August 2008 - Volume 28, Number 8


According to an amazing LSU telemetry study, getting that trophy buck’s address is a lot easier than most hunters think.

Keith Barre watched a couple of 8-points on his Washington Parish lease grow, consistently collecting pictures of them from trail cameras. The bucks were small baskets two seasons ago, but had reached shooter proportions by the opening of the 2007 hunting season.

“They were like brothers,” Barre said.

Go deep to catch the really big trout around the mouth of the river this month.

When Chris Paul pulls up from beyond the three-point line to drain a shot, his effort is rewarded with one more point than he would have made had his feet been in front of the line.

His shot and the ball going through the basket was the same as if he were inside the key. However, this same effort gets rewarded with a greater gain because he’s 3 inches outside the line.

This year’s floods meant hard times for Saline-Larto crappie anglers, but now they get to reap the benefits.

Those who call Louisiana home are used to battling Mother Nature. Oppressive heat and humidity, hurricanes and the occasional ice storm are taken in stride as the price to pay for living in the Sportsman’s Paradise.

During the summer months, when the specks are big and hungry, these three go together like ice cream, hot fudge and whipped cream.

Huey Olivier’s well-equipped World Cat left Cypremort Point shortly after sunrise more than ready for a day of catching big speckled trout at close-in oilfield rigs in the Gulf of Mexico.

These innovative boats will put you on the fish, and they’ll leave you smiling at the filling station.

I can remember when a quarter’s worth of gasoline would putt-putt you around the lake all day long. Today, you can’t motor away from the dock on a quarter’s worth of gas.

I was reading a newspaper story recently that revealed how times have changed for the fisherman. A boater enjoying a day on the Red River in his party barge put pencil to pad and determined that his fuel tab for his round-trip fun excursion set him back $360.

Manila Village reeks of history, but it’s the trout that draw oodles of modern-day anglers.

Anglers who fish the Manila Village area located in Barataria Bay just to the south of New Orleans may or may not know the historical significance of the spot.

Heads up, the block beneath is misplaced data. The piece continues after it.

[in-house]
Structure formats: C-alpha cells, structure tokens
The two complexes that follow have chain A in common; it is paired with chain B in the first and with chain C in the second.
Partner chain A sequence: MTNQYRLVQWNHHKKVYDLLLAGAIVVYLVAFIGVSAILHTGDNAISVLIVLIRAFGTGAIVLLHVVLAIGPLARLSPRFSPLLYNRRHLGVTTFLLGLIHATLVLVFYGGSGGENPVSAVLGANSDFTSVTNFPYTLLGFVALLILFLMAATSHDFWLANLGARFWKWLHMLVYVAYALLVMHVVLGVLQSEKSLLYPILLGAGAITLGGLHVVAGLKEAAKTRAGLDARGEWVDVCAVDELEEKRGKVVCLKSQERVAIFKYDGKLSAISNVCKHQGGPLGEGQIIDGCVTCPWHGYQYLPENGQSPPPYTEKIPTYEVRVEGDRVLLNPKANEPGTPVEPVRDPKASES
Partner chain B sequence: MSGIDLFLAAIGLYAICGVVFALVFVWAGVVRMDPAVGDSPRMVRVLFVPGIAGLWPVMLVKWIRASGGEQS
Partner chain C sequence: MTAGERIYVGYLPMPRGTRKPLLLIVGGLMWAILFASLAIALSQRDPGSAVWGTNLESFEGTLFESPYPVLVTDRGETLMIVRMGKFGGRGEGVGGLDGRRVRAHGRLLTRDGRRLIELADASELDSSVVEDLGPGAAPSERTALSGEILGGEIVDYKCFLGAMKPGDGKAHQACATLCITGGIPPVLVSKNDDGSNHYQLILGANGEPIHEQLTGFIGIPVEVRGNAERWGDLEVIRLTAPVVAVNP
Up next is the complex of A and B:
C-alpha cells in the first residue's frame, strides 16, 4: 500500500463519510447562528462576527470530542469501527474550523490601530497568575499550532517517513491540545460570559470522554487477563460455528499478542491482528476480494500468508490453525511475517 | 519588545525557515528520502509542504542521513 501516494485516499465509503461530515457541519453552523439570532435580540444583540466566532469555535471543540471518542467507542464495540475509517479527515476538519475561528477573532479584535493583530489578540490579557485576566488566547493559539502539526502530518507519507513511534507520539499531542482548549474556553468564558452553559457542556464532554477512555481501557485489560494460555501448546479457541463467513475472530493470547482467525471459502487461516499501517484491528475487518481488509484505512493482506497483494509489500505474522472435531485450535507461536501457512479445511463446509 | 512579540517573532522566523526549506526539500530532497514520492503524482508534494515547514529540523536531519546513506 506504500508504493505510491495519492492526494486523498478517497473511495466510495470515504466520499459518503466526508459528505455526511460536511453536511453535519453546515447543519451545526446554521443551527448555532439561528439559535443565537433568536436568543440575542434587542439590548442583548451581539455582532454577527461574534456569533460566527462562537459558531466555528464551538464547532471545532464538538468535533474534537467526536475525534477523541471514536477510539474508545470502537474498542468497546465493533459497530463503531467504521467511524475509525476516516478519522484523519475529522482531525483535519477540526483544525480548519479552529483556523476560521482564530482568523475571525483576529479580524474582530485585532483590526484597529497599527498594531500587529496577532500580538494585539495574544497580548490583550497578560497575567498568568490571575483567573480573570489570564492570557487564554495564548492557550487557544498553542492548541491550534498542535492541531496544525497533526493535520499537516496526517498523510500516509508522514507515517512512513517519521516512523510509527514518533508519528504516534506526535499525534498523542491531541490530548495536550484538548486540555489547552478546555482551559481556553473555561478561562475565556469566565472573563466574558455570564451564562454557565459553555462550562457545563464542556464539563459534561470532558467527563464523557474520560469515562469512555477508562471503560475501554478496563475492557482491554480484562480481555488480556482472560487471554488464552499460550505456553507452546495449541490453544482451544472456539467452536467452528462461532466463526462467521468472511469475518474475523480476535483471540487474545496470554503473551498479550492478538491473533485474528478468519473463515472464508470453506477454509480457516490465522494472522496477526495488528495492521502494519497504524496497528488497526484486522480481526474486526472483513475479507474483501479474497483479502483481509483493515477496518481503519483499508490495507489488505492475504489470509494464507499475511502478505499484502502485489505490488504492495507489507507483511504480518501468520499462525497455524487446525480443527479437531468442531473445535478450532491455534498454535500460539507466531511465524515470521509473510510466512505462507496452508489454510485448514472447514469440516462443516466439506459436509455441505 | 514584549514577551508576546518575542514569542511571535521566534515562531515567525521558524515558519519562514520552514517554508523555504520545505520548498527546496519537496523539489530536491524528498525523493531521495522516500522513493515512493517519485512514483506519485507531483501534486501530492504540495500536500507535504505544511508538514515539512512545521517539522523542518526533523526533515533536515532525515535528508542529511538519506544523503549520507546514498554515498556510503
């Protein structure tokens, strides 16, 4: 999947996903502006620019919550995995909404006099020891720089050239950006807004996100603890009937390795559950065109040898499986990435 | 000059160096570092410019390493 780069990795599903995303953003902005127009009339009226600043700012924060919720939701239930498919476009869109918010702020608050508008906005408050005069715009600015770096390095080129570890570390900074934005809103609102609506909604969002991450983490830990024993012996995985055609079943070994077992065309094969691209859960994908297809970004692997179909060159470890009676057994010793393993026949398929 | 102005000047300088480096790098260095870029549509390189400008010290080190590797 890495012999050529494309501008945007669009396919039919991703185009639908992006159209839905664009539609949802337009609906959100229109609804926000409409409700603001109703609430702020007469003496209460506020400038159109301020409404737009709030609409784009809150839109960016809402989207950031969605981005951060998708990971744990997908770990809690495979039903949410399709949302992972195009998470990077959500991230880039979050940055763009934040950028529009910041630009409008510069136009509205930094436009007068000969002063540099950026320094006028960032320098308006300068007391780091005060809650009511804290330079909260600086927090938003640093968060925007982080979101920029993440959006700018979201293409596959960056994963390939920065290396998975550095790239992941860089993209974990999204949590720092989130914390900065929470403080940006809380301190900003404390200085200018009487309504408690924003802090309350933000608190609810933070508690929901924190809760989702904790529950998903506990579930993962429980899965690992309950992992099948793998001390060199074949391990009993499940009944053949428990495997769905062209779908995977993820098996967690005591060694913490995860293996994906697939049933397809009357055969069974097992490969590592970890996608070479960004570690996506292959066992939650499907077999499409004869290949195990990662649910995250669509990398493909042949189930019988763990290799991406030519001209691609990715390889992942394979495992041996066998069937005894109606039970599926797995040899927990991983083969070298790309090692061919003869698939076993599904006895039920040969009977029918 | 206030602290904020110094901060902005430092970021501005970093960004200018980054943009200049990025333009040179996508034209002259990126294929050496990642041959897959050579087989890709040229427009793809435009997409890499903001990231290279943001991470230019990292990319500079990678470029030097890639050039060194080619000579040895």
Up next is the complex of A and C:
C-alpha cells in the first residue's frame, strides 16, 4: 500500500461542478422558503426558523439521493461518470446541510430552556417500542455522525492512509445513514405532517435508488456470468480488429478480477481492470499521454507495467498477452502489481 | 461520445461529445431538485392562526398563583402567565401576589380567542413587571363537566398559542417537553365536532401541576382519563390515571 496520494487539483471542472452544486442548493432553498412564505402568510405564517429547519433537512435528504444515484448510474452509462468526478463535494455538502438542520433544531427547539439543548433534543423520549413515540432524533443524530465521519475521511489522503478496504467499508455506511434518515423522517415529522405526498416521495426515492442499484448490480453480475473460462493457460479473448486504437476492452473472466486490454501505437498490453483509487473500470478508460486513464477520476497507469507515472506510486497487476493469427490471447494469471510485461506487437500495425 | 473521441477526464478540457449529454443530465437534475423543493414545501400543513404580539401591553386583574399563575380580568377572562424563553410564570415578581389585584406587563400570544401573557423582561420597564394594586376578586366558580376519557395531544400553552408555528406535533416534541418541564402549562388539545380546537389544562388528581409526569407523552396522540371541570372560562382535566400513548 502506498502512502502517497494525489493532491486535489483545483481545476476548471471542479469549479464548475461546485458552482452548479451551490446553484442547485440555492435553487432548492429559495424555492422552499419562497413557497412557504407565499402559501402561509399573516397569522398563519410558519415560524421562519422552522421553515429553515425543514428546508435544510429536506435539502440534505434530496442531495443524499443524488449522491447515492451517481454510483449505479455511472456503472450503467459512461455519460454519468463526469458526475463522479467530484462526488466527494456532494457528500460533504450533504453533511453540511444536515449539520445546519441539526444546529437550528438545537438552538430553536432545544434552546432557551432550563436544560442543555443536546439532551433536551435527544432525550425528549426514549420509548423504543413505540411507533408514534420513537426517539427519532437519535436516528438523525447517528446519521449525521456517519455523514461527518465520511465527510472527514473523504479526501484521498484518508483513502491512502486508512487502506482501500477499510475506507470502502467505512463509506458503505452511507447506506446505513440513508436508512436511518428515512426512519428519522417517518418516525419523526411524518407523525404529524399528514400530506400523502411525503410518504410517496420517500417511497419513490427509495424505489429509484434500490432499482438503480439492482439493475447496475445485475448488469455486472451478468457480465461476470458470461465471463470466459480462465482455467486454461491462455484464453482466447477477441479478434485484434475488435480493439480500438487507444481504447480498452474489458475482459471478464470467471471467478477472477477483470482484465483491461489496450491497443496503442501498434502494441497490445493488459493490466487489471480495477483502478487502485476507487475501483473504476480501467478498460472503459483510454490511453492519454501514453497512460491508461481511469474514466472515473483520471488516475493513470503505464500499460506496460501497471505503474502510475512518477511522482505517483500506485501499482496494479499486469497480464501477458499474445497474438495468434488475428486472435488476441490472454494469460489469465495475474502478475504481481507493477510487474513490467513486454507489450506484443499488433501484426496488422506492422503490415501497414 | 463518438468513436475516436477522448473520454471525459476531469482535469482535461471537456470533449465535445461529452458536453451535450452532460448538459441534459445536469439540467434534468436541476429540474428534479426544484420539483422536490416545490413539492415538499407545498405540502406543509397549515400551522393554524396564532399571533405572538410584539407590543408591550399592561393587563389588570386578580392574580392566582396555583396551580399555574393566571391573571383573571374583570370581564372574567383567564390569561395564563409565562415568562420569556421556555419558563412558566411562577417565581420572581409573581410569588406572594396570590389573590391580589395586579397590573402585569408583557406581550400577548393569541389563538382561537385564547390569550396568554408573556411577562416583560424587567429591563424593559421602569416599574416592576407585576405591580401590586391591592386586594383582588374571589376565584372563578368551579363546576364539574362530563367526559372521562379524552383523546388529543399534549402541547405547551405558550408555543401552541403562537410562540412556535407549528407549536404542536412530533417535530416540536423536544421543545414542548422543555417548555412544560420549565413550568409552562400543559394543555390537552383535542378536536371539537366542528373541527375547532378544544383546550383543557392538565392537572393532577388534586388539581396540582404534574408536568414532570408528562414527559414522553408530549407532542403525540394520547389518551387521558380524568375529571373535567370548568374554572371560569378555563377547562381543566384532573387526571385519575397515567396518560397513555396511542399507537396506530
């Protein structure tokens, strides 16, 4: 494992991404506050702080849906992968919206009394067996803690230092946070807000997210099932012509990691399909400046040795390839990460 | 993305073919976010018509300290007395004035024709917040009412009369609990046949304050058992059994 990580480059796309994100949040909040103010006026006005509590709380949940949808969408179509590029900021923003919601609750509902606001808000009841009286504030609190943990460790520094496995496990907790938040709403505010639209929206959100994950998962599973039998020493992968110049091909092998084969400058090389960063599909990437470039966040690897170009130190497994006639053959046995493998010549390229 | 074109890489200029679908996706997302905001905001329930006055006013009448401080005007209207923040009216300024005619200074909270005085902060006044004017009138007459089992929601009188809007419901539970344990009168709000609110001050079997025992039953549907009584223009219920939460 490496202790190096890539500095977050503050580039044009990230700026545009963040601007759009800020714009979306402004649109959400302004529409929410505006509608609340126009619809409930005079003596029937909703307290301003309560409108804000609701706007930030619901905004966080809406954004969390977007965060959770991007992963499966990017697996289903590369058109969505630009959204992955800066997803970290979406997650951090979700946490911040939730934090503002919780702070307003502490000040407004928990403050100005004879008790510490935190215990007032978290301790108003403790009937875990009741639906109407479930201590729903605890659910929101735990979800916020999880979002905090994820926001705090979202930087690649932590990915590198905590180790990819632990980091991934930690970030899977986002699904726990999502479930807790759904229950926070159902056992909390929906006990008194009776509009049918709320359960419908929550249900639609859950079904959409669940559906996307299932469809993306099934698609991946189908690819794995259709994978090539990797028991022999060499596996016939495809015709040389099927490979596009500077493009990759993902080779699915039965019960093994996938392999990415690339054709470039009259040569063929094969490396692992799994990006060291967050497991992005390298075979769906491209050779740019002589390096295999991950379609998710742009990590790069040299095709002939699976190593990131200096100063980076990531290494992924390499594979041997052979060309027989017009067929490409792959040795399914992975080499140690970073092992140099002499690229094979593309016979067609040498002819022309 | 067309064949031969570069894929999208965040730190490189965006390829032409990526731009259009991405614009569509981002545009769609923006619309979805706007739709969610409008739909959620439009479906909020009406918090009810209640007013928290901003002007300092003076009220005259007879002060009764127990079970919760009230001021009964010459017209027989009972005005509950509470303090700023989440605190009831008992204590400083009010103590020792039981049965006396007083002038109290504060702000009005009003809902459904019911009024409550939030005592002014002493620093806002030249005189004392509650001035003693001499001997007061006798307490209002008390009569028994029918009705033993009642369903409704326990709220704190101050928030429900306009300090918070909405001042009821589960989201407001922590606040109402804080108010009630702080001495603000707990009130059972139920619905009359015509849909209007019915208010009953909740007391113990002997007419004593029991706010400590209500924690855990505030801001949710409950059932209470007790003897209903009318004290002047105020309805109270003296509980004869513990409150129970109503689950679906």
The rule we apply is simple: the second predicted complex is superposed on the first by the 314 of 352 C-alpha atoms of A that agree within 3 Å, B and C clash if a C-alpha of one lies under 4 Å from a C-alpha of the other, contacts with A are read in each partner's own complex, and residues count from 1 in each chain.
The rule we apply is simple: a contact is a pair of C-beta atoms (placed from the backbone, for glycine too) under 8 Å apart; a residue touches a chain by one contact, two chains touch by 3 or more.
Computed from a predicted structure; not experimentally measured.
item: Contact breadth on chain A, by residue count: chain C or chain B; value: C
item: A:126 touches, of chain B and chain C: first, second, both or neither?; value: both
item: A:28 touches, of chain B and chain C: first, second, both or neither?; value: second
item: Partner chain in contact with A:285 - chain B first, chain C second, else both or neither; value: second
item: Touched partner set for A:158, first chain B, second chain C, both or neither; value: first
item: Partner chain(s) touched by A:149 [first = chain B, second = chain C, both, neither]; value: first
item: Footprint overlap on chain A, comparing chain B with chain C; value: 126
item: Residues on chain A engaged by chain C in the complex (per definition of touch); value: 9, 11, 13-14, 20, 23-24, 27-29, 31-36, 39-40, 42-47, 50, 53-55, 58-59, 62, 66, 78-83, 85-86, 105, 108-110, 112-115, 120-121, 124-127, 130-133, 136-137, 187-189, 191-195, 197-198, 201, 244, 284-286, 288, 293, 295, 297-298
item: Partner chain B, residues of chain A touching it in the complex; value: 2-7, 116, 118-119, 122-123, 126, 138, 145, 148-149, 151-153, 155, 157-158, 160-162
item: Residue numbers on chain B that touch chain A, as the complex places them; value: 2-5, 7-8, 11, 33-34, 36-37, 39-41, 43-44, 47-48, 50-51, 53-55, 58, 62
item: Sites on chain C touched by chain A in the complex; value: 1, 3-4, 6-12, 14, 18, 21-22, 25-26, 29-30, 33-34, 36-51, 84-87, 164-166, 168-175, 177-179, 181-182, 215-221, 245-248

The nation’s longest jetty has been on fire this summer. Here’s everything you need to know to get in on the action.

I’m going to let you in on what may be the poorest-kept secret of the summer: The rocks at the end of the MRGO are on fire, and they have been for the whole summer.

Speckled trout are plentiful all along both sides of the jetties, and redfish, sheepshead and big croakers aren’t in short supply either. I have to admit a certain reluctance in even writing this, because the area is where I’ve been fishing, and there’s already plenty of company out there.

Don’t let the name scare you away. You’ll swat more redfish than bugs at Mosquito Bay.

In one fluid motion, I made a cast toward the little trenasse that emptied into the canal we were fishing, located just past the mouth of Mosquito Bayou on the northeast side of Mosquito Bay.

Also in fluid motion, I raised my leg in crane-like fashion, and used the top of my foot to itch whatever decided to bite the back of my calf while I wasn’t looking.

Oil rigs are bad for the environment, right? Then why is there such a variety of fish swimming in such massive schools around their legs?

During his exile in Michigan, our old Tigerland chum Eddie Fleeks chummed up with some of the locals who showed him the ropes of the local deer-hunting. Not that there was much to teach.

The first five seconds in a battle with a warsaw grouper will determine if you’re a record-holder like J.J. Tabor or merely a fish piercer.

It’s amazing the number of infomercials on television now that promise the impossible on an installment plan.

Want to lose weight? According to the pitchman, all you’ve got to do is take these pills, you can eat anything you want, you can lay around all you want, the fat will just magically disappear.

There’s no cure for this disease, but you won’t mind getting it.

Most people shudder at the though of catching yellow fever. The dreaded disease, which is contracted from infected mosquitos, was last recorded in New Orleans in 1905.

Recently, however, there have been indications of a different type of “yellow fever” spreading across the Louisiana coast claiming “victims” one by one.

Speckled trout action couldn't be much better right now. Just ask Renee Brazzel, who caught this 7-pounder during a recent trip out of Venice with Capt. Brandon Carter.